Ladies and gentlemen, may the best investor win. Sick of squabbling with one another as stocks tanked, some married couples have decided to draw a red line through their financial houses. They’re splitting their portfolios, opening separate accounts and making sure that each has a full say in how at least some of their money gets invested. Often these spouses simply want to pursue divergent goals, whether that’s due to a difference in their retirement ages or in their priorities over what to save for.
The industry hasn’t measured precisely how far this trend has spread, but evidence of its existence is steadily mounting. A survey released in 2009 by the money-transfer service PayPal, for example, discovered a full 57 percent of couples had some financial accounts separate from each other, up from 48 percent the year before. Experts think that may be a new high watermark: Financial separation is “probably going on more this time than in previous downturns,” says John McInerney, an adviser whose Orlando-based firm has seen more than half its 340 married clients split their assets to pursue different investing strategies.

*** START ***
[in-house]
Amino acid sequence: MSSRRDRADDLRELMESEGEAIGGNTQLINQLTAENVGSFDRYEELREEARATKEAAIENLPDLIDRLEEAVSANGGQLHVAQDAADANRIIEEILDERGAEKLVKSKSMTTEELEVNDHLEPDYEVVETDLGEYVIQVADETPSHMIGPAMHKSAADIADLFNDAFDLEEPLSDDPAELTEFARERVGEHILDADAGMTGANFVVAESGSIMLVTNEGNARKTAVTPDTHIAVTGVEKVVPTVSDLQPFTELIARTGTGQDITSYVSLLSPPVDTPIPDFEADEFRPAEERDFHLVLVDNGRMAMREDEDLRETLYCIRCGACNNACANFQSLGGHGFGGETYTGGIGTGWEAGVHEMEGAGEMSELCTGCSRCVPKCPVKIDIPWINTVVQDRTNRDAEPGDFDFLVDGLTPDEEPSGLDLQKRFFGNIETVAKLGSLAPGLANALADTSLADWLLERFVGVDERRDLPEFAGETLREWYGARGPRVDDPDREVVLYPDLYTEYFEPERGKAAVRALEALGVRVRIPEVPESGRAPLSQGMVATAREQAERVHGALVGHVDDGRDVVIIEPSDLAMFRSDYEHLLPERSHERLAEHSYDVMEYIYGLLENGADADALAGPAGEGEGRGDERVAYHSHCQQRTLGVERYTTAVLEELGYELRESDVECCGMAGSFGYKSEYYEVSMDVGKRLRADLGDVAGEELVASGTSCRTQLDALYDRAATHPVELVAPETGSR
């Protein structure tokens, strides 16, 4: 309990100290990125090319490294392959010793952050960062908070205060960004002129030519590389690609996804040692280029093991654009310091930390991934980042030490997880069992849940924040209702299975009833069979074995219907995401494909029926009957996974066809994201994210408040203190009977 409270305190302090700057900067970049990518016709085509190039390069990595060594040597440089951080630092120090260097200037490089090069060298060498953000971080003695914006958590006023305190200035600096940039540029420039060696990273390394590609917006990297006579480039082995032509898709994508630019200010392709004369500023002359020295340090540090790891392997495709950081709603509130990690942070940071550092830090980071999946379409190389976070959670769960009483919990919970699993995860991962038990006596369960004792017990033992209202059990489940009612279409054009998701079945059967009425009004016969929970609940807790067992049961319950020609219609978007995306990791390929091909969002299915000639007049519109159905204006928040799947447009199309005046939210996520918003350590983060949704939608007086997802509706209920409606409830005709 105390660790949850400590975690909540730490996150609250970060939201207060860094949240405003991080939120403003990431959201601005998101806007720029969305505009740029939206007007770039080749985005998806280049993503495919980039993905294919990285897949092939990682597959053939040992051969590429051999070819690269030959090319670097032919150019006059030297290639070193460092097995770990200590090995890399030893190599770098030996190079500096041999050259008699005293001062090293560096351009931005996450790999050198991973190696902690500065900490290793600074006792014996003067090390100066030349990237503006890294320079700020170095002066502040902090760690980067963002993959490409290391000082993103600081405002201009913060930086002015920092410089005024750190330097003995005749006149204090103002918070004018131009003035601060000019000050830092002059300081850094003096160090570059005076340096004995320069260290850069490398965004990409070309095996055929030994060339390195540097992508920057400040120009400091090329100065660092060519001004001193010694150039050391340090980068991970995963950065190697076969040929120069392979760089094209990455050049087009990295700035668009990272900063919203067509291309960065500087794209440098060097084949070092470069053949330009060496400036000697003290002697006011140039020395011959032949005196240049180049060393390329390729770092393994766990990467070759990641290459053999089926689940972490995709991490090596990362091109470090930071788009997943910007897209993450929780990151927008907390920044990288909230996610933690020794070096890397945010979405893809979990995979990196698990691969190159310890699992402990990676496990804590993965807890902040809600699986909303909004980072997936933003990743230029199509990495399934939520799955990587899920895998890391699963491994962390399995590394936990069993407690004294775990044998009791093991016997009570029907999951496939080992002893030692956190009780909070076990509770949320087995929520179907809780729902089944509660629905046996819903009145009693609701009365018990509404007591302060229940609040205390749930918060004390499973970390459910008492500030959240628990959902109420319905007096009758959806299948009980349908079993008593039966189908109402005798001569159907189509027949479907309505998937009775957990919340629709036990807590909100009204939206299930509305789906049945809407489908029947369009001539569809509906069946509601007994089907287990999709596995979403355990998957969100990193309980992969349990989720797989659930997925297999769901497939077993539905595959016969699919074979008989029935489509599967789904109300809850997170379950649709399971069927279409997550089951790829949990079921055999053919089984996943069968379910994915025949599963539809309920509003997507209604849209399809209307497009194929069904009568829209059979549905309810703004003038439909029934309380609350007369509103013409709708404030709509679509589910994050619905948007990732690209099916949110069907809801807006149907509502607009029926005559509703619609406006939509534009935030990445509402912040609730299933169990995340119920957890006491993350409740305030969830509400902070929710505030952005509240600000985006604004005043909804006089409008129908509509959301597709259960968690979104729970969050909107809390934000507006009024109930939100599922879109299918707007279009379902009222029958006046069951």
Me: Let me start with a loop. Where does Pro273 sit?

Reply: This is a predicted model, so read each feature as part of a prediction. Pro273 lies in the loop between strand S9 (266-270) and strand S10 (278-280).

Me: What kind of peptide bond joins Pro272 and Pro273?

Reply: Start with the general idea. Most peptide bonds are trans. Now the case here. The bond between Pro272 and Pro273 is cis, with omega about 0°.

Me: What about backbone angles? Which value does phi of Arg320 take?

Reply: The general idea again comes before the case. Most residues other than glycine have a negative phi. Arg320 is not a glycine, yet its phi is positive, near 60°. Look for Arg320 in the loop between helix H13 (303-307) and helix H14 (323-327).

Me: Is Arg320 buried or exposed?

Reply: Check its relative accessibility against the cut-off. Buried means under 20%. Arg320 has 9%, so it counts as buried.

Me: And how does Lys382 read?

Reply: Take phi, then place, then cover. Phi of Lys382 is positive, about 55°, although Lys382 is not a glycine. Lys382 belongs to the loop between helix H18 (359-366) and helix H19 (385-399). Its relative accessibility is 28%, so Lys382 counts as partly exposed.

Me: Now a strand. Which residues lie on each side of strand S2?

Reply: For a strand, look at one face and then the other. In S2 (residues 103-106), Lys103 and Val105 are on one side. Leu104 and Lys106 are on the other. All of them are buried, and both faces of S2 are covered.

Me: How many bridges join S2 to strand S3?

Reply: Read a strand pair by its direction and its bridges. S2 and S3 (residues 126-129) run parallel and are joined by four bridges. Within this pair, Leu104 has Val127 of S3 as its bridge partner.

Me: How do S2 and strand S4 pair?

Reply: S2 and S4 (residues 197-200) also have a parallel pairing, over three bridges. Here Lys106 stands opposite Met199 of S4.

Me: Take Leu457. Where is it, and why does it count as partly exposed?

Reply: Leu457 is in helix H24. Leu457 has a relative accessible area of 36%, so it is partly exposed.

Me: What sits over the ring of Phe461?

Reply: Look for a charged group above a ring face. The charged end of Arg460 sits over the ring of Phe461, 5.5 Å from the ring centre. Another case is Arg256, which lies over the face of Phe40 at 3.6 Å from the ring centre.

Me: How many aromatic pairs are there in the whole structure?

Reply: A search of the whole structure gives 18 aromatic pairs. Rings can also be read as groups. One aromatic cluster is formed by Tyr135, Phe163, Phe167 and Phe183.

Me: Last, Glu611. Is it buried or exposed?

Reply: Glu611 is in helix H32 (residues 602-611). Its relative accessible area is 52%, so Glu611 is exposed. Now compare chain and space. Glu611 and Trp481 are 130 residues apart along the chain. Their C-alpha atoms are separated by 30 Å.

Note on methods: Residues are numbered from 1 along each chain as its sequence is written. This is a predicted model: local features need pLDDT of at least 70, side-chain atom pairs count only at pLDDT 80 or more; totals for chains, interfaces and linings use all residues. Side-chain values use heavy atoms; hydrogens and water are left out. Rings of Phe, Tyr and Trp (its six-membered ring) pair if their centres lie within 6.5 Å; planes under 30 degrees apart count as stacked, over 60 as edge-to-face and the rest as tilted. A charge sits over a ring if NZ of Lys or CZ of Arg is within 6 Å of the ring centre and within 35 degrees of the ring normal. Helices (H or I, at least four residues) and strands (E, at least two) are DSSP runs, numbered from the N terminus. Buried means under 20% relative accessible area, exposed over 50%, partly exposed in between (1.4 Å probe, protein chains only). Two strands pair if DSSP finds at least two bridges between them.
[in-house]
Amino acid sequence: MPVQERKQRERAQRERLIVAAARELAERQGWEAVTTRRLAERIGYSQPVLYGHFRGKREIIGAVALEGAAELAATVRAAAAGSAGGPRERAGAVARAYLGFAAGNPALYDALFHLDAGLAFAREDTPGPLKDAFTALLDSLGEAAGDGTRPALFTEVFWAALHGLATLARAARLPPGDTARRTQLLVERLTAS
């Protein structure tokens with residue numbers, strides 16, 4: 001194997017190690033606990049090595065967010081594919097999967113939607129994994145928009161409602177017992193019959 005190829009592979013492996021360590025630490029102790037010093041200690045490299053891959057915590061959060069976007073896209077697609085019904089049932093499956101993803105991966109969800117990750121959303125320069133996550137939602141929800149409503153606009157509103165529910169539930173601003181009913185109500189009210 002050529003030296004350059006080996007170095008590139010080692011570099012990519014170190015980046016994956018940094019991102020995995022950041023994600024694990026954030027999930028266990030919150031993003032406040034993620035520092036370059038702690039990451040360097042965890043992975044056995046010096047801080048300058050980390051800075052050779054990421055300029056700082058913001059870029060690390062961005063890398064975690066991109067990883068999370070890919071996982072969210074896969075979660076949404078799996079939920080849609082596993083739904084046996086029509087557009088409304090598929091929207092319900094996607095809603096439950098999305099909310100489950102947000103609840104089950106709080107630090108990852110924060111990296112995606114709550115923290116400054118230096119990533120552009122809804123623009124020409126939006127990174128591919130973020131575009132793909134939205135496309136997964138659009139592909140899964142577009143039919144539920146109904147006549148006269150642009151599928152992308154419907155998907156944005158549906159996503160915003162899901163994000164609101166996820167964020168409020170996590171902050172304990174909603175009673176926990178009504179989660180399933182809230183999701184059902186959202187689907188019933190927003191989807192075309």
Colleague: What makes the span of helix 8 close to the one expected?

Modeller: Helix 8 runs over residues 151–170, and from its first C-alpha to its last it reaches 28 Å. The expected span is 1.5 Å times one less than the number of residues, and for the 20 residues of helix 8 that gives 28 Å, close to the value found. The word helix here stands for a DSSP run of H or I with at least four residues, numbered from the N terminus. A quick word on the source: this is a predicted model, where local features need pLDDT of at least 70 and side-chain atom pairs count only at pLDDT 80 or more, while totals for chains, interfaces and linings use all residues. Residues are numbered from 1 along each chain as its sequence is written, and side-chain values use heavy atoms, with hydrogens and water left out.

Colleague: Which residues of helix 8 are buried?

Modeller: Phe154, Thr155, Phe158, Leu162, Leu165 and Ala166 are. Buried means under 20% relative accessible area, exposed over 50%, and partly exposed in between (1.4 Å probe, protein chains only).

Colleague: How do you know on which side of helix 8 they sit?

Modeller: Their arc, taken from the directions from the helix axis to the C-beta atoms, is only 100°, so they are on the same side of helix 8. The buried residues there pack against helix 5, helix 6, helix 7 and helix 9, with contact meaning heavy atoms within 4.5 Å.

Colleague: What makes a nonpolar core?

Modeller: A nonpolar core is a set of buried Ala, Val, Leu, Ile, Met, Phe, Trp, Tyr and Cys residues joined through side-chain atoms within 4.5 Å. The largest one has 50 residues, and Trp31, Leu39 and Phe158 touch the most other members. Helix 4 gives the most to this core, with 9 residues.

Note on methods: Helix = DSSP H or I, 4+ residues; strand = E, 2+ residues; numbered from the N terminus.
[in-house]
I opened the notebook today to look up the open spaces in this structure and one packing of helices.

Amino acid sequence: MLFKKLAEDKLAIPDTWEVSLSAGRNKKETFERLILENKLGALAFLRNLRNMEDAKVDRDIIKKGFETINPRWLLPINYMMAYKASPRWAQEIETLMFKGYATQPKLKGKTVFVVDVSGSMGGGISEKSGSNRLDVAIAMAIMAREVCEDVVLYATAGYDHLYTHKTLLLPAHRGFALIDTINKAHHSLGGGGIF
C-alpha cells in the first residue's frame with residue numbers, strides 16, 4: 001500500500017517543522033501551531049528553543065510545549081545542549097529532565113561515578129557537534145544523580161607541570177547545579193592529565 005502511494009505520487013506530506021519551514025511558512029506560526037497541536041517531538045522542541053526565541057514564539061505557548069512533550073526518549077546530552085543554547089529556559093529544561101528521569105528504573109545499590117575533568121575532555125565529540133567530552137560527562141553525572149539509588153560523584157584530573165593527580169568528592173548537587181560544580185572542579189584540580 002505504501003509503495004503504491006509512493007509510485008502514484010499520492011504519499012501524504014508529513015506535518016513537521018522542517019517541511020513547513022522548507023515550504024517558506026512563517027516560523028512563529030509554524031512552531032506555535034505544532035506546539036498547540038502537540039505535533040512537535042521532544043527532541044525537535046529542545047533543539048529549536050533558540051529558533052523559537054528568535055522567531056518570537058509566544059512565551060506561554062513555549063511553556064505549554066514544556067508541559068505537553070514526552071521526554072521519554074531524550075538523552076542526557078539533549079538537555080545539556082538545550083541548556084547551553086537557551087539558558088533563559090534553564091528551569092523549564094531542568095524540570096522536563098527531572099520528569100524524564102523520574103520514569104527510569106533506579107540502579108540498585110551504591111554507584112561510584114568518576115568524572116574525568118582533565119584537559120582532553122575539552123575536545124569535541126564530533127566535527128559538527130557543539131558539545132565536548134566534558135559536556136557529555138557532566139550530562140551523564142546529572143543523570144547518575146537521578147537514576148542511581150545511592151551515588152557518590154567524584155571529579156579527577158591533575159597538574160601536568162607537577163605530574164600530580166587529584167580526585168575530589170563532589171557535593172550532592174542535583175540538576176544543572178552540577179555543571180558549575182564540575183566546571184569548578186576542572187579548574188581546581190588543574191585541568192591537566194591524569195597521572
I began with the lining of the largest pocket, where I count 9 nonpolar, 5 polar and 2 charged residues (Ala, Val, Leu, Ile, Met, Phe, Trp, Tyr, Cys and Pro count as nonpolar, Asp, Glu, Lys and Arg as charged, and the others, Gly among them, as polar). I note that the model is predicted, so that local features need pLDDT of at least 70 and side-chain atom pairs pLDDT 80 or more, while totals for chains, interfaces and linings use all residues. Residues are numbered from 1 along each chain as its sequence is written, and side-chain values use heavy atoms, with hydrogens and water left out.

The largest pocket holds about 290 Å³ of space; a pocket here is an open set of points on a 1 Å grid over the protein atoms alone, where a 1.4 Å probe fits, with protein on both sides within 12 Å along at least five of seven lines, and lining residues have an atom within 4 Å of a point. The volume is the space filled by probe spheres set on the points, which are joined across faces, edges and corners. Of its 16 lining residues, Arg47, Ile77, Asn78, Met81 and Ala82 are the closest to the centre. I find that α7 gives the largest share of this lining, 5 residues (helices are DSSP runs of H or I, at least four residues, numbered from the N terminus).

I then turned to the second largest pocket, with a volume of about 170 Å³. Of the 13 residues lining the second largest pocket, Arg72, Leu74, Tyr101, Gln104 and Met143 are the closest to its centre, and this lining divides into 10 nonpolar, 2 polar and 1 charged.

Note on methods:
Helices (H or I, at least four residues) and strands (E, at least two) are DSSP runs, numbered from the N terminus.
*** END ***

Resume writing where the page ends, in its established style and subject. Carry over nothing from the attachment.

Sarah Lee and Norman Marks are fairly typical of the new breed. The happily married couple try to do everything together, whether it’s sailing down the Panama Canal or walking Lola, their bichon frise. But investing is no longer on that list. After the market crashed, the Henderson, Nev., pair went looking for a broker who could accommodate both Sarah Lee’s conservative investing style and Norman’s more aggressive approach. Unable to find one, Sarah Lee, 51, proposed they split their account and each take half the cash to their own advisers. Norman agreed. Now each spouse gets an individual monthly statement, and if those separate phone calls with their brokers aren’t enough, a 10-minute drive gets them to either adviser’s office.